Thursday, April 10, 2008

Effectiveness of medical privacy law is questioned

You can be sure this issue is only going to become bigger and more important in the months and years to come as our medical records will continue their transition into the digital age. That of course means electronic records being shared by increasing numbers of people and in an increasing number of ways and for an increasing number of reasons (many perhaps illegal).

In fact, you won't see a health plan these days that doesn't already factor in the claimed costs savings that such electronic records will bring to consumers. Now, that debate is for another time - but a debate that needs to be had right now, is how far will we go to protect our most private information?

The LA Times reports on some new data suggesting that the current safeguards in place are inadequate:

When Congress passed a federal medical privacy law more than a decade ago, it was hailed as a new level of protection for patients nationwide. But even though the government has received about 34,000 complaints of privacy violations since it officially began enforcing the law five years ago, only a handful of defendants have been criminally prosecuted. The half a dozen or so cases mainly involved clerical workers who pilfered patient information, using it to open credit card accounts or selling it to crooks who tried to bilk Medicare and the Internal Revenue Service.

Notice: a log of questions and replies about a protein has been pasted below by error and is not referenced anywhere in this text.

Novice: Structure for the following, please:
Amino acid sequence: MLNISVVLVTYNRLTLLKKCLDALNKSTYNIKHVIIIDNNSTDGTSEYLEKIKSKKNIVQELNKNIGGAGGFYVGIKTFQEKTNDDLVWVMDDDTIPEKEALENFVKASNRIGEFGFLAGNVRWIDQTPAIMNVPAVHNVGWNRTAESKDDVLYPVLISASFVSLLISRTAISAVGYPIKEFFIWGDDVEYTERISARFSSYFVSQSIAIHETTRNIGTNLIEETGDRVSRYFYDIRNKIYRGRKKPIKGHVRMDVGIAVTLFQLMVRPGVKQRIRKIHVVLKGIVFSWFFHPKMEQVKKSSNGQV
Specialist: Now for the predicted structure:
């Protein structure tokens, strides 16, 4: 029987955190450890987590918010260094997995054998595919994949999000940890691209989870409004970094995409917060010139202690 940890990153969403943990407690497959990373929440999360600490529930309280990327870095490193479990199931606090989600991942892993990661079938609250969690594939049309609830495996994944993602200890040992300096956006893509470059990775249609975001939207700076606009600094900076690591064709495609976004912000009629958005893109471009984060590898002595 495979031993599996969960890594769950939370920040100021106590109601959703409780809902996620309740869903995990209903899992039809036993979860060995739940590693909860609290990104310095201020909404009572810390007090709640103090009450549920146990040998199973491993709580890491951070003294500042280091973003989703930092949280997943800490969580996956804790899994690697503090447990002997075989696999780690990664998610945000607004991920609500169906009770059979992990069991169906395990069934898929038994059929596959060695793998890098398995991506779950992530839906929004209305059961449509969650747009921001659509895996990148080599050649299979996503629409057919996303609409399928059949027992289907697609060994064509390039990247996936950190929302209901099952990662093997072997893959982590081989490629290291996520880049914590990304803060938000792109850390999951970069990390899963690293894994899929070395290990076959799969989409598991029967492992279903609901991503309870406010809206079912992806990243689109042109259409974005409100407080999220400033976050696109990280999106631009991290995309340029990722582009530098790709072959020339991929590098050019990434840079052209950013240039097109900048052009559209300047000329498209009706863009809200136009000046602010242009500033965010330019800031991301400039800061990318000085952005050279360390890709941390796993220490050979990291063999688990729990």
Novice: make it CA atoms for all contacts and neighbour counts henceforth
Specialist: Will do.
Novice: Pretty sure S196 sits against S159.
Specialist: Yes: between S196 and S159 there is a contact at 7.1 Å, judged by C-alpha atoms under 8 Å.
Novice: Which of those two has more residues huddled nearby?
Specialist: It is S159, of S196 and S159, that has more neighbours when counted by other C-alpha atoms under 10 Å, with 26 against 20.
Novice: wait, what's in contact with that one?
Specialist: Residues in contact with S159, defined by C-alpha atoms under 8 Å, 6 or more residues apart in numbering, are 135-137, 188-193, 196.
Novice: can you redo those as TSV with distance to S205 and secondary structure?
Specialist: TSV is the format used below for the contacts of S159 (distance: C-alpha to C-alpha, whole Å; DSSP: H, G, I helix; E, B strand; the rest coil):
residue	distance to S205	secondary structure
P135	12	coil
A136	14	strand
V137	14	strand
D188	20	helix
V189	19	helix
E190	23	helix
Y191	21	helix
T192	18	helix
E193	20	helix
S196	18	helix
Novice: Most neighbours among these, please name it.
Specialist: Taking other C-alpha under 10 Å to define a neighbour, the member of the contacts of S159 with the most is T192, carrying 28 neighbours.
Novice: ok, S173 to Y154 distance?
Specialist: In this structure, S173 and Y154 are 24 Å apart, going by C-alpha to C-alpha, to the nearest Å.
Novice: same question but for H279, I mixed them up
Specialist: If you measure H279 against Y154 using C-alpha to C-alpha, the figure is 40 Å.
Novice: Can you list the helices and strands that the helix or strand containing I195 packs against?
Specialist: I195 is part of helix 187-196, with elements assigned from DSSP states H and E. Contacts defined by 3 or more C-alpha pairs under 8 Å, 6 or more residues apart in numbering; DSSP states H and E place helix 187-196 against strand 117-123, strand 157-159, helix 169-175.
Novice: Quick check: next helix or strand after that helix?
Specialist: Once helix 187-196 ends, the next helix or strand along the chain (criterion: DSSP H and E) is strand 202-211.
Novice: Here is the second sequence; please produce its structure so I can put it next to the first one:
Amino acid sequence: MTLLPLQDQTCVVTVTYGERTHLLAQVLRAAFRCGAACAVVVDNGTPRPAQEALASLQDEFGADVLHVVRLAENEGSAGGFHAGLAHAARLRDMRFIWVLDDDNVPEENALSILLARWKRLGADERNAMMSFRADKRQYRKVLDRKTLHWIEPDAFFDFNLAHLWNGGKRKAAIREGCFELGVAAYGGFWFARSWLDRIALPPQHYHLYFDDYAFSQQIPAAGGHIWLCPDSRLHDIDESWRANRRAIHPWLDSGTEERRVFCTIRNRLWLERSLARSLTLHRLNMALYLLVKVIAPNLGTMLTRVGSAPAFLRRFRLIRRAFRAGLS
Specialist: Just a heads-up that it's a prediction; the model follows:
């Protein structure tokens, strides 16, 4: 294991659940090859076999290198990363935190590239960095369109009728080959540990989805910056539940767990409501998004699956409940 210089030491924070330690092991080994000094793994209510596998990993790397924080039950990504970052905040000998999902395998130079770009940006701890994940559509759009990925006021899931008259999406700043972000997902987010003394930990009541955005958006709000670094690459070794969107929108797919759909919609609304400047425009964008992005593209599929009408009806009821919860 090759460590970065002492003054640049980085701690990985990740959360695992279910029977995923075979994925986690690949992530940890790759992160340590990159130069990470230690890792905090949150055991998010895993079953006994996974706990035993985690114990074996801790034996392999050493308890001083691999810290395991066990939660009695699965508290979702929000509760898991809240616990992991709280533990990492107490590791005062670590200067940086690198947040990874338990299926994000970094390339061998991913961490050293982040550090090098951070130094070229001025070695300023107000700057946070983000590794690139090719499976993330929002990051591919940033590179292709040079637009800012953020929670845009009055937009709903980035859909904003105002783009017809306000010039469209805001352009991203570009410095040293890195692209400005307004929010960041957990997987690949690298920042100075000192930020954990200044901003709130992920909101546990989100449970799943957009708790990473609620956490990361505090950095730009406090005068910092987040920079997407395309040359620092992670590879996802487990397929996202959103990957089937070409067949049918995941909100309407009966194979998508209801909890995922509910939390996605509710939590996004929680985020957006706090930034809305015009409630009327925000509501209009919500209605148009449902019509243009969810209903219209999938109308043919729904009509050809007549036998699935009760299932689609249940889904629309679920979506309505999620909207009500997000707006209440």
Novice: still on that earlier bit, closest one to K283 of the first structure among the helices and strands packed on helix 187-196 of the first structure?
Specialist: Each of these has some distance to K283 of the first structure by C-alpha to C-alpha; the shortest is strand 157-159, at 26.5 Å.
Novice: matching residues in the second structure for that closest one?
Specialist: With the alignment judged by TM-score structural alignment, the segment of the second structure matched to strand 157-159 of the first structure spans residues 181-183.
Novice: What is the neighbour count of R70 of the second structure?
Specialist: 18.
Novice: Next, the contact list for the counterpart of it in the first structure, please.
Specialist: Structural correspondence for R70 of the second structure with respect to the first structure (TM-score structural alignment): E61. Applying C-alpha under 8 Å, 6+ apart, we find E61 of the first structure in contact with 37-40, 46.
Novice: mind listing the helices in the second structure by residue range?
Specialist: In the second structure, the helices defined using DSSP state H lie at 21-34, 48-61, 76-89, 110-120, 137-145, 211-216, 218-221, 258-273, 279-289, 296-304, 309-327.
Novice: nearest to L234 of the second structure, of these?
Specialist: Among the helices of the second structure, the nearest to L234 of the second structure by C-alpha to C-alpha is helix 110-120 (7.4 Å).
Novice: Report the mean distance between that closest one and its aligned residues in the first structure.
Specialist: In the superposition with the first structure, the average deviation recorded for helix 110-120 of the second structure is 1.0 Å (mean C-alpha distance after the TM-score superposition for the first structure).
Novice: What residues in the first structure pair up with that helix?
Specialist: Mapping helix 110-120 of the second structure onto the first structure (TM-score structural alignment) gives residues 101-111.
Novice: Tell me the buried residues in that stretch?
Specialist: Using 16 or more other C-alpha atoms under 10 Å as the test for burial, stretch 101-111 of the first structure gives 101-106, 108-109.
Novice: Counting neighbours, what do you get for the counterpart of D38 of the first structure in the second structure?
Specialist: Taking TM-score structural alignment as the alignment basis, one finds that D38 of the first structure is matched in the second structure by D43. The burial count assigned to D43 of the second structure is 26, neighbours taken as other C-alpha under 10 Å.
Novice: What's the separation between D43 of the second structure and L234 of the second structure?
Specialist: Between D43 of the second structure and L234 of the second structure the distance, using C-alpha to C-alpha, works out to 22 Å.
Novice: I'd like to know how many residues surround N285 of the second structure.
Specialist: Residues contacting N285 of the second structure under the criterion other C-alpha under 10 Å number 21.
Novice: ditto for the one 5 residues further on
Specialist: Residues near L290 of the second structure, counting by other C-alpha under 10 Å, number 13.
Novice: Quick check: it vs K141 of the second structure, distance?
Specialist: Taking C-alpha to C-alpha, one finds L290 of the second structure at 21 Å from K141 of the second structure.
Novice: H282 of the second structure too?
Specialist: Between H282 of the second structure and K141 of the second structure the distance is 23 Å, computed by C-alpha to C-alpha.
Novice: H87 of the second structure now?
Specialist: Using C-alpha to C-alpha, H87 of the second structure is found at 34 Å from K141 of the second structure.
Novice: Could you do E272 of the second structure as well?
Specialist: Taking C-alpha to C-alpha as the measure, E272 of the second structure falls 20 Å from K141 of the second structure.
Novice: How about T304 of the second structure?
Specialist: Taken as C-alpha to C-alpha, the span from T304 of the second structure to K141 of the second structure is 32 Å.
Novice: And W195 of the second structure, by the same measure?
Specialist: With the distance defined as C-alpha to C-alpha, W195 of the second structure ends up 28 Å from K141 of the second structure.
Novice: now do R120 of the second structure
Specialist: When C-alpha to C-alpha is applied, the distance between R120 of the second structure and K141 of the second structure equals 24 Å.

Critics say the government's approach -- which focuses on getting providers to correct violations -- may be too lenient, particularly at a time when medical records are increasingly being shifted from file folders to computers. In addition, a Justice Department legal opinion has stated that the law applies primarily to organizations -- hospitals, health insurance plans and doctors' offices -- and only secondarily to individuals such as the low-level clerks most often implicated in information theft.


Some privacy advocates say the law should be changed to give patients and their families explicit authority to specify who can -- and cannot -- see their medical records, although others in the industry argue that such stipulations would be very difficult to enforce.


California has its own medical privacy law. Under the 1981 Confidentiality of Medical Information Act, any "person or entity" that "obtains, discloses or uses" patient information without authorization faces civil fines of $2,500 to $250,000. But no one seems to know how often or even whether such fines have been levied.

This will be an issue I will follow regularly on this blog, because as I said in the intro, its only going to get bigger. And from our perspective, privacy comes first, and we would rather fault on the safe, than the sorry side when it comes to information as personal as your medical records.

Click here to read the article in its entirety.

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